Liz, Wulf and Anthony raise the key issue of community. There's been a lot of talk recently around elusive terms such as 'welcome' (what is it? how do we do it well?), 'hospitality' (how and where do we offer it? does the church receive hospitality from those outside it?), 'belonging' (what creates a sense of belonging somewhere?) and 'community' (how do you know when you're part of one?)
I'd love to see more of that research that Anthony talks about. Certainly the Gone but Not Forgotten study published in the late 1990s identified relationships (or lack of them) as a reason why people disengaged from church. A key finding was that in 92% of cases when someone stopped going to a particular church, no one visited them to find out why. Isn't that incredible?
Yet that seems to have been Liz's friend's experience - and I've no doubt we could all recount similar stories.
There are two responses to this, however. One is to set up a structure of pastoral care with everyone on a list, everyone being checked on if they are missing. It's efficient. it probably makes sure that if people do miss a Sunday or two, someone finds out why. But is it enough?
I think it's a big jump from 'a pastoral care structure' to 'a mutually supportive community' and that the former can prevent the latter from being created. I think some churches put a structure in place and invest all their energy in making it work, only to discover that they've no energy left for making relationships, getting to know people, building community. In these churches, we don't have relationships, we have dealings or transactions with other people, much as we do in a bank or supermarket.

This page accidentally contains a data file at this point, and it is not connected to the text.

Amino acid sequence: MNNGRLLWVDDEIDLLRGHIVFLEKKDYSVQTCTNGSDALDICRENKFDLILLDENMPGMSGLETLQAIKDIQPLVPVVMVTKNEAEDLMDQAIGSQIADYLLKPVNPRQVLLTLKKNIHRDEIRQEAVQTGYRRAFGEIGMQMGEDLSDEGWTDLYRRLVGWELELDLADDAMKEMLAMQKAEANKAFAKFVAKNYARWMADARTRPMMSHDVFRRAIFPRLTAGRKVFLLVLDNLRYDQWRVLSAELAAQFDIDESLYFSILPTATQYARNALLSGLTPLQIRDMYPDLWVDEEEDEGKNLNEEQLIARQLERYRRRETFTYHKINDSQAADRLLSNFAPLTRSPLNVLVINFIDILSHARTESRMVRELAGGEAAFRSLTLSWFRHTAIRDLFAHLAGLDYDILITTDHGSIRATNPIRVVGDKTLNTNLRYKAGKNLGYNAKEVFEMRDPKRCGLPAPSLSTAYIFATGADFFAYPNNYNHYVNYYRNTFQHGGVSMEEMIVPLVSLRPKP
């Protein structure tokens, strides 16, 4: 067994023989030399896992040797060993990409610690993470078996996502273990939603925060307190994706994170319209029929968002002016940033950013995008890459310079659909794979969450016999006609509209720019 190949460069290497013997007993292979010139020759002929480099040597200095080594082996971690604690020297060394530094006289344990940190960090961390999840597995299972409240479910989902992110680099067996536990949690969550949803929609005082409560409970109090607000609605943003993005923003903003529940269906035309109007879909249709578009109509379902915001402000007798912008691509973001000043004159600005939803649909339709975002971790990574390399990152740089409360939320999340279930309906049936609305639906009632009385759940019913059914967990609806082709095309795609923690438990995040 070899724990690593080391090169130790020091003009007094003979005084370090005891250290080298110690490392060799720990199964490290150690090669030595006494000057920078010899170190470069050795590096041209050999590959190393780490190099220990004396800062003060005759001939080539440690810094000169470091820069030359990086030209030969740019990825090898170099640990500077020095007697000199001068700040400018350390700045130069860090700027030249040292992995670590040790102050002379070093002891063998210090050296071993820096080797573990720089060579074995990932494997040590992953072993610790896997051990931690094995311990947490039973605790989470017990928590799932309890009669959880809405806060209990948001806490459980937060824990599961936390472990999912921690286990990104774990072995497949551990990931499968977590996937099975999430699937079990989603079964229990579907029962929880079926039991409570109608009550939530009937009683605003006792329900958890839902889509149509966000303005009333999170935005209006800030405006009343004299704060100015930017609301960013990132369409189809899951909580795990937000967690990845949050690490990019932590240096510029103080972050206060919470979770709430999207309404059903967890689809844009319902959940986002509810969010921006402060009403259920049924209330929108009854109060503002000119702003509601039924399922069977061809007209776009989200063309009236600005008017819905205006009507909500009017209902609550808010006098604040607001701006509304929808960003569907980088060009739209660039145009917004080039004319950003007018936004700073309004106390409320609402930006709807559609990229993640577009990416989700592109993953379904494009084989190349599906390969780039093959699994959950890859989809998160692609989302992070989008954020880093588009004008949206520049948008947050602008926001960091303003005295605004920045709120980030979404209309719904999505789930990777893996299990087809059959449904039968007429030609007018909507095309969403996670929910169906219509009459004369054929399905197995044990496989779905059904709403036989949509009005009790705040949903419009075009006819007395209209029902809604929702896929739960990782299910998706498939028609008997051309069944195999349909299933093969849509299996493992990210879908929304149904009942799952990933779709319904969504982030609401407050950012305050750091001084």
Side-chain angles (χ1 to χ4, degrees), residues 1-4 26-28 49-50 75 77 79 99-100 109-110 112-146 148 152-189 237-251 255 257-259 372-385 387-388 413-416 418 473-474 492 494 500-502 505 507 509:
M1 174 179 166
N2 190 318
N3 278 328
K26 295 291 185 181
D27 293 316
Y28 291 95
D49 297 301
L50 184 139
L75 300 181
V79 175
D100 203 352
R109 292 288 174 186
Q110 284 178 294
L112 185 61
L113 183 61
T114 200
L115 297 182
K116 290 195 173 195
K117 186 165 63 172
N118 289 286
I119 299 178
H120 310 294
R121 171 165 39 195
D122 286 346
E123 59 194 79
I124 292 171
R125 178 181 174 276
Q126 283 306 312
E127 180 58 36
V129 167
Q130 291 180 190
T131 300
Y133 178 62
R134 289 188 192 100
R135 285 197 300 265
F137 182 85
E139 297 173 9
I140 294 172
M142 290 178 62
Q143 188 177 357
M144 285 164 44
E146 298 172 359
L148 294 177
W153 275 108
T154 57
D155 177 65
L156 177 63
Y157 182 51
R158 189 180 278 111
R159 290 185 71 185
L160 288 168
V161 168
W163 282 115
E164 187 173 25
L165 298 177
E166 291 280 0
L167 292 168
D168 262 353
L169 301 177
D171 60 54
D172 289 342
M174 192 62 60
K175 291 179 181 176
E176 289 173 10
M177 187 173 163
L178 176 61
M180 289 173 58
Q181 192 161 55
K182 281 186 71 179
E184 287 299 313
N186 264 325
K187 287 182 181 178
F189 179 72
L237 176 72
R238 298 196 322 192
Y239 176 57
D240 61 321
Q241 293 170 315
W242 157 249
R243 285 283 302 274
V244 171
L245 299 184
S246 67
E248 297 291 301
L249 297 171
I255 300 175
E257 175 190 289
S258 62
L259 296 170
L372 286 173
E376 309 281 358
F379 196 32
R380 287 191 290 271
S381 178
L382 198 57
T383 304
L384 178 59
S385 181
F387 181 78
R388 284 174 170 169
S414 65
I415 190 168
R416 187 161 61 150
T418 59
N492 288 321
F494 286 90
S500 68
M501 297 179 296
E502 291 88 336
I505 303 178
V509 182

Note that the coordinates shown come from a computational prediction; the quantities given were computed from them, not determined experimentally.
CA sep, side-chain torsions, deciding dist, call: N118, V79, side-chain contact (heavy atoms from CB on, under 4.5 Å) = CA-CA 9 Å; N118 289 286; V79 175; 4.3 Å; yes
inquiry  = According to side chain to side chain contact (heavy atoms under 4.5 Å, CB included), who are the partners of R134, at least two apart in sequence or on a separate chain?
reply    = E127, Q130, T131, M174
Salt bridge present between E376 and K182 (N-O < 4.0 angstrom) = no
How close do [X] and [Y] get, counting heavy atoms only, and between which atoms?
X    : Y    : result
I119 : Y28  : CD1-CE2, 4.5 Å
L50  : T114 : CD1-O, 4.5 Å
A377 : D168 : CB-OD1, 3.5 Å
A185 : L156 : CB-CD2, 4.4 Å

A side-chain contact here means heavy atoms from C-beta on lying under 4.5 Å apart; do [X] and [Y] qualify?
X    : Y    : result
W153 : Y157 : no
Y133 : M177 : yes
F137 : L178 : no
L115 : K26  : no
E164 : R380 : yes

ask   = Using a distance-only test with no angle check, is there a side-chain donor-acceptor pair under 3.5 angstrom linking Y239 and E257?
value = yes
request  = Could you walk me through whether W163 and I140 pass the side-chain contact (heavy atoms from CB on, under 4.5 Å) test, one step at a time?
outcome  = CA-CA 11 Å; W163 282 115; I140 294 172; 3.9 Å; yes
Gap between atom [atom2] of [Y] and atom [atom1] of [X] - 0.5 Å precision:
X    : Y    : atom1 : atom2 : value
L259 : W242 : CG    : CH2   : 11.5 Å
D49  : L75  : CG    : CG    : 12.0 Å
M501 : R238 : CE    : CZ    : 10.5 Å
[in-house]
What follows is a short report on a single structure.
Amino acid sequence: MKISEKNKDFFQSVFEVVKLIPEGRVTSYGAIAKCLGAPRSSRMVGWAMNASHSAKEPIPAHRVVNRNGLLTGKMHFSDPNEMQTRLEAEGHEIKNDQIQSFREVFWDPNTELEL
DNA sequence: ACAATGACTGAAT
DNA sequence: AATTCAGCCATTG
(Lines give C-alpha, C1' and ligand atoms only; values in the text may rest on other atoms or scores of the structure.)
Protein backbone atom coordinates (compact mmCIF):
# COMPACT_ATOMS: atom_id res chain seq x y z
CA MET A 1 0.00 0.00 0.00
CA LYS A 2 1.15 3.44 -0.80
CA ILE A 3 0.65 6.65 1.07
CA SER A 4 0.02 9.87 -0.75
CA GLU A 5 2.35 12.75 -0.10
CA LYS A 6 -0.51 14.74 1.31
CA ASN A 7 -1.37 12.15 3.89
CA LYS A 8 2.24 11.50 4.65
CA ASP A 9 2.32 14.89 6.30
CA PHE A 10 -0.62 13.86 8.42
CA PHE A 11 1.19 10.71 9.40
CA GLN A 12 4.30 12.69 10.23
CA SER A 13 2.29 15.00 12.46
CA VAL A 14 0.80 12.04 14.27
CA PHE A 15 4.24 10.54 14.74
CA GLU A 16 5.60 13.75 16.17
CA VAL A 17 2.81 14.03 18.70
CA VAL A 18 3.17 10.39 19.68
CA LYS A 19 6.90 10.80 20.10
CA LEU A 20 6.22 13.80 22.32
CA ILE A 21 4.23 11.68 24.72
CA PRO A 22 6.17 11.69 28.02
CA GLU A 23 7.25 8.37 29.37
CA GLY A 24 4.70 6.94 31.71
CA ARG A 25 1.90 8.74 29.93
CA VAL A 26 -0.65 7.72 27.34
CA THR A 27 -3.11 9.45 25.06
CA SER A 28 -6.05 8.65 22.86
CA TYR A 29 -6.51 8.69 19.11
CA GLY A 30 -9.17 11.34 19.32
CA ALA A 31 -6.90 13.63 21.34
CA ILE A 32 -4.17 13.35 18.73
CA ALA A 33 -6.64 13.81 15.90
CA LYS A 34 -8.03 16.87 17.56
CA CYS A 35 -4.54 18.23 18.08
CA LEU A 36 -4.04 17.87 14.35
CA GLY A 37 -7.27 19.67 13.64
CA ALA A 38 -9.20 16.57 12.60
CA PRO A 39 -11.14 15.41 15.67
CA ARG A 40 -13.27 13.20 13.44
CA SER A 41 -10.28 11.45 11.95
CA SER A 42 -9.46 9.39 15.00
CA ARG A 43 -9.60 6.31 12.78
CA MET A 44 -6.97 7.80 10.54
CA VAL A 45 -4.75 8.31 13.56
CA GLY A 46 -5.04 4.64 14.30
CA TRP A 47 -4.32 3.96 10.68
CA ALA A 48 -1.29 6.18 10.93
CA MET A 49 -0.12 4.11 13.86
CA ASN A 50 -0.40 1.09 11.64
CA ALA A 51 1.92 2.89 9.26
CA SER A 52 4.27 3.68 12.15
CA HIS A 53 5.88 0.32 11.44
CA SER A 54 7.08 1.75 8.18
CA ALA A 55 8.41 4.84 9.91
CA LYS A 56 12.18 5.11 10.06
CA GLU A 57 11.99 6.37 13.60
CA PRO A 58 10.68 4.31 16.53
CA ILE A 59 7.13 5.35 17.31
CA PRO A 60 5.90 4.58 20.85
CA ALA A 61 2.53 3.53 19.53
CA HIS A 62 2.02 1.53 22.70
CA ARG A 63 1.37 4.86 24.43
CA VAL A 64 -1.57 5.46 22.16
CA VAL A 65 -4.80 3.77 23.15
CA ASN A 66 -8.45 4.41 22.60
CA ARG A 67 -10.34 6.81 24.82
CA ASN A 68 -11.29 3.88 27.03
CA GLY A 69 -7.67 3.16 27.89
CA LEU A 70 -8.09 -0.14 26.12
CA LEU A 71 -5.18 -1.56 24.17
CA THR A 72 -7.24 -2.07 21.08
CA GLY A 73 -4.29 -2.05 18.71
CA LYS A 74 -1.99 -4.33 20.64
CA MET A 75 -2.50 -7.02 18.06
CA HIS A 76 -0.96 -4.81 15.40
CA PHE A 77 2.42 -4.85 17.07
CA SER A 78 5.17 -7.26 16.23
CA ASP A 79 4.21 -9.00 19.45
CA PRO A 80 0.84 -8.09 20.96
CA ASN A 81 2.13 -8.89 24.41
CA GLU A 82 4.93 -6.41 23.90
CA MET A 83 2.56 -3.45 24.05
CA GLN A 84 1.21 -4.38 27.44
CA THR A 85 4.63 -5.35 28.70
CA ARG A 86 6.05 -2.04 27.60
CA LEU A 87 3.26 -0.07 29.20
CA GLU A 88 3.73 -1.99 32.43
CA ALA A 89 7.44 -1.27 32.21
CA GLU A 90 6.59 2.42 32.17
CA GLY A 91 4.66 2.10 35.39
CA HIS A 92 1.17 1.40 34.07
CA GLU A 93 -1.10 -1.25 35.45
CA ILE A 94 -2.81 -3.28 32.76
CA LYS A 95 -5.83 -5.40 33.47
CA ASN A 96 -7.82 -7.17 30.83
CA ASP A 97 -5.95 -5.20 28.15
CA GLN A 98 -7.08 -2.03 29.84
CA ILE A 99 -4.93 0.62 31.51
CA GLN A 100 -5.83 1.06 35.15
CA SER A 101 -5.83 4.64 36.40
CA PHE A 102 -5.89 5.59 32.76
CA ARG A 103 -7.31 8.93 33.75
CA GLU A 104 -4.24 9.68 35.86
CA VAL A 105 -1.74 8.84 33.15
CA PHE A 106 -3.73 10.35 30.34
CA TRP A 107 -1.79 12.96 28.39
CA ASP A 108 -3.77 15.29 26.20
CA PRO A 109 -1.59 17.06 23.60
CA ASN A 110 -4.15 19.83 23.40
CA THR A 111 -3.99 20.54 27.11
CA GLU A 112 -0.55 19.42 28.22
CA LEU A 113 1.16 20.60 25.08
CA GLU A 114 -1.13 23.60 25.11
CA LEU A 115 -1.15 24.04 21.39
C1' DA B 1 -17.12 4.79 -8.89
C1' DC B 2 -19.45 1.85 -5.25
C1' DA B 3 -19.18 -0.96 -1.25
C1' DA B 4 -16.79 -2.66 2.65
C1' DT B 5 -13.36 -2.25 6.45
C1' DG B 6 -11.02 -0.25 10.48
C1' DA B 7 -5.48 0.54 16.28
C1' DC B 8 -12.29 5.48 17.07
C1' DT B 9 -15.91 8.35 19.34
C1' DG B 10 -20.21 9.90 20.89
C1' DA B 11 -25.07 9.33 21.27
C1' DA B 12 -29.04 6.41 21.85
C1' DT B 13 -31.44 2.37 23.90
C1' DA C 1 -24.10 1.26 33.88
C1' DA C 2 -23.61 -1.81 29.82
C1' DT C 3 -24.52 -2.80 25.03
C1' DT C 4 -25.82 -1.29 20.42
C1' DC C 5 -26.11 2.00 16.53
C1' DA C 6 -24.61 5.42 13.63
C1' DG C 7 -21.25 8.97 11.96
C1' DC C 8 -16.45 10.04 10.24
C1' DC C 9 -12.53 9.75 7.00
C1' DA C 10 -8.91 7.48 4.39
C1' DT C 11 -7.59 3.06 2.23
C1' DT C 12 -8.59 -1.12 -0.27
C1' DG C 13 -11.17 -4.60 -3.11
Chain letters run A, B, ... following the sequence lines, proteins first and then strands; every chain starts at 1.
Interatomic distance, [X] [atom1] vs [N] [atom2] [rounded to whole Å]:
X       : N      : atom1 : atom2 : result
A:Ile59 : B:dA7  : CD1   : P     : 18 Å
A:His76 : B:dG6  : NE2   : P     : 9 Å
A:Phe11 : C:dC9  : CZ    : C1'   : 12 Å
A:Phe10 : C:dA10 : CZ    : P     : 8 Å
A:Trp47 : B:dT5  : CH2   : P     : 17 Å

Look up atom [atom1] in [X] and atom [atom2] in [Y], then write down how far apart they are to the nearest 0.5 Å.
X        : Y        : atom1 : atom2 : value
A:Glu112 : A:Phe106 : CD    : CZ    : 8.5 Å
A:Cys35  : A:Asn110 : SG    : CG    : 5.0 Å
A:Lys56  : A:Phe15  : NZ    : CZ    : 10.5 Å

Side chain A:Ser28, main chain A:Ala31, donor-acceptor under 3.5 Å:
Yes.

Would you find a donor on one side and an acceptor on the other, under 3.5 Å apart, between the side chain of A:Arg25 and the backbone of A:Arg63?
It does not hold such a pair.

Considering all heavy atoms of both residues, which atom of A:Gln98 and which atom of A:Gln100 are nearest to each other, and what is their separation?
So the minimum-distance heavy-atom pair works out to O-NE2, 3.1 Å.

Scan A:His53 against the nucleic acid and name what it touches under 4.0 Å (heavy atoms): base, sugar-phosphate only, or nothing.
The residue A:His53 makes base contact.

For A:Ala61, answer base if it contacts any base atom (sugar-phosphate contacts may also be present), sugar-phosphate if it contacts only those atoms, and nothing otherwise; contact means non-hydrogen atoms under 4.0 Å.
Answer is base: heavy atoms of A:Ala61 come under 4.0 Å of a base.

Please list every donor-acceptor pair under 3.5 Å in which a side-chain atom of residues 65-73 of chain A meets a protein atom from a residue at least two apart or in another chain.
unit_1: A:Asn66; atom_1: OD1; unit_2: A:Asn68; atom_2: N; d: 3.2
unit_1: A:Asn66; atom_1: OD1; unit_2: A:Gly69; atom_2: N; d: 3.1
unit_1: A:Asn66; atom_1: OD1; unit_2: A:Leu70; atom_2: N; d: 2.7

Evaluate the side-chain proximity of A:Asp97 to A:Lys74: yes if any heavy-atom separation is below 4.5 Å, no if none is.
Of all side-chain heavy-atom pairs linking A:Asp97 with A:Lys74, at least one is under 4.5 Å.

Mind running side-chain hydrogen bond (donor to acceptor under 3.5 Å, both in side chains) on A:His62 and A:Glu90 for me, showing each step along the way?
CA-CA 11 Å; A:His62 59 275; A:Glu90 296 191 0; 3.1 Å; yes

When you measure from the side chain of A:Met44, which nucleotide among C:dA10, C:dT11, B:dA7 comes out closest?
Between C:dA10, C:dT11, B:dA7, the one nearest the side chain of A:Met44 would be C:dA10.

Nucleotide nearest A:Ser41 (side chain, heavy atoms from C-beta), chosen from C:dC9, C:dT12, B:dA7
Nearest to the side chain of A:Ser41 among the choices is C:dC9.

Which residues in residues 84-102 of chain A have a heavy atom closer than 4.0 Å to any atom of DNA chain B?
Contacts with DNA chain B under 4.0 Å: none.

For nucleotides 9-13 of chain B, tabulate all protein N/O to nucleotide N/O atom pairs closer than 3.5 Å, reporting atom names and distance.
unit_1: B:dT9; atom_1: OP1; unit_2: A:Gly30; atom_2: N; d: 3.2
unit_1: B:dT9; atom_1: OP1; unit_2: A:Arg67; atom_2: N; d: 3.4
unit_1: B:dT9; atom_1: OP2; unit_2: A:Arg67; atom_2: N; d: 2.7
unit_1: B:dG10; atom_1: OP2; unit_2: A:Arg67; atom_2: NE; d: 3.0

I was at the barbers this morning having my pre-Christmas tidy-up. I conversed at a superficial level with the girl with the scissors - just enough to be polite (after all, it's hard to be that close to another human being and say nothing!) - but I do not think for all the banter that goes on, that my barbers is a 'community'; the chat is a by-product of getting a job done.
Church sometimes feels like that. We get the job done - everyone knows where everyone is. But we are not a community - no one really knows how anyone else feels.
It's an interesting exercise to ask members what others do for a living, how many children they have, whether they are married, have they always lived in the area, how long have they been a Christian. The answers tell you a lot about community - whether your church is one.
This is a particular problem for larger churches, I think. I'm pretty sure we don't have relational space for more than 30-50 people. In a large church we're on nodding acquaintance with a much larger number than that, but do we have any kind of relationship with 30-50 of them? And where are those relationships formed? I don't believe they can be formed in our current Sunday services and probably not over coffee afterwards - though that helps.
Perhaps we need to invest in community-building activities - meals, days out, coffee mornings, social events, small group activities.
Of course, there might be people from my church reading this wondering what planet I'm from(!) who could tell me that they are in community relationships with a good group of people, a community that they find fun and supportive - and challenging.
Go on, amaze me!